Tehran: Iran is in talks with Mitsui and Total as part of its push to attract $60 billion in foreign investment to more than double the country’s capacity to produce petrochemicals over the next decade.
State-run National Petrochemical Company plans to increase output capacity to 150 million metric tonnes a year by 2026, managing director Marzieh Shahdaei said in an interview at her office in Tehran. That means completing 55 unfinished projects and 28 new production facilities, said Shahdaei, who also serves as deputy oil minister.
If it succeeds, Iran would be producing more than twice the current output of Saudi Basic Industries Corporation, known as Sabic, the world’s second-biggest petrochemical maker by sales.
Iran is seeking to upgrade and expand its energy industry, including petrochemicals, in a drive to rebuild its economy after the easing of international sanctions in January. The Gulf nation has boosted crude output since then to near pre-sanctions levels and ramped up production of natural gas. Iran holds the world’s largest reserves of gas, a raw material for petrochemicals.
"A number of these projects have had problems that go back to sanctions and financing,” Shahdaei said Wednesday. Although most of the restrictions on Iran were lifted under last year’s nuclear accord, some United States sanctions remain in place, prohibiting transactions in dollars and keeping large international banks at bay.
The government presented about 60 projects to potential investors in December at an event in Tehran with companies including BASF, the world’s largest chemical company by sales.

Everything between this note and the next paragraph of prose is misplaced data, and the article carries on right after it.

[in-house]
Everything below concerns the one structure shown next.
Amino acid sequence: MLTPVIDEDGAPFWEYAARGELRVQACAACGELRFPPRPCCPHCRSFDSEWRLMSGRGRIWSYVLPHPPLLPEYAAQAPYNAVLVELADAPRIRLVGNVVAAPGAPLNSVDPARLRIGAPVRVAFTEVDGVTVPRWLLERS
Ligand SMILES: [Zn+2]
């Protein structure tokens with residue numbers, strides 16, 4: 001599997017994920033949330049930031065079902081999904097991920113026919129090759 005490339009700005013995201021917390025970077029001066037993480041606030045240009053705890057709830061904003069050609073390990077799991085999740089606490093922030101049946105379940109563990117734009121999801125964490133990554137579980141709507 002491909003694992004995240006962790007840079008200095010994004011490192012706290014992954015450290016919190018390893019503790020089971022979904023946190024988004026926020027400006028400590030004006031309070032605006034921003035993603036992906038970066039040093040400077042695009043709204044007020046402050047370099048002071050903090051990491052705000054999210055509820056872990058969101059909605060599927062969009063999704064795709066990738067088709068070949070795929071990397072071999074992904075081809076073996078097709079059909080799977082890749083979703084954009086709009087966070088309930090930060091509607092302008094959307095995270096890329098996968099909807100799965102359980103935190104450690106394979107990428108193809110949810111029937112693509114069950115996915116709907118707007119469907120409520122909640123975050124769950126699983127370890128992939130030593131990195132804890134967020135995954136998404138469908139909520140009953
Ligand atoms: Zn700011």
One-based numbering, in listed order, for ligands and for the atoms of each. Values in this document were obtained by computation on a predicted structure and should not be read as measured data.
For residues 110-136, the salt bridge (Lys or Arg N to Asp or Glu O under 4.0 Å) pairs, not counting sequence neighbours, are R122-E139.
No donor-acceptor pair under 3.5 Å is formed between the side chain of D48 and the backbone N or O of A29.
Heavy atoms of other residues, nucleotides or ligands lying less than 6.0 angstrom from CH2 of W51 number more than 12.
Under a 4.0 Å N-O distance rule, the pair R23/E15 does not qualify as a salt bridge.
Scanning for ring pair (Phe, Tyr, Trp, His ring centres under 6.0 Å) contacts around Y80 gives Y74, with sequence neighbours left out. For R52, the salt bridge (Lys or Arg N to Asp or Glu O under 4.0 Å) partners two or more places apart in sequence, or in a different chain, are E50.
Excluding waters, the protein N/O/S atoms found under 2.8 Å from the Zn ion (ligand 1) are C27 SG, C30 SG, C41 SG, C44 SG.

Iran’s current production capacity is 60 million tonnes a year, up about a third since the end of the last Iranian year on March 20, when it stood at 46 million tonnes, Shahdaei said. Sabic, by comparison, produced 69.7 million tonnes annually as of the end of 2014, according to the Saudi company’s website.
Iran generated $14 billion from petrochemicals produced in the last Iranian year, including $9.4 billion from exports, mostly to China and Europe, Shahdaei said.
A $10 billion credit line from Japan to Iran, announced last month, could facilitate the petrochemicals business, she said. In addition to Mitsui and Total, NPC is in talks with several German, Italian and Spanish companies, Shahdaei said, declining to identify them because they haven’t signed memorandums of understanding with Iran.
"Companies that ignored us for years are now getting up and coming here,” she said. "It’s similar to starting a race. They are positioning themselves in the starting blocks so that as soon as the barriers are removed, they can get working.”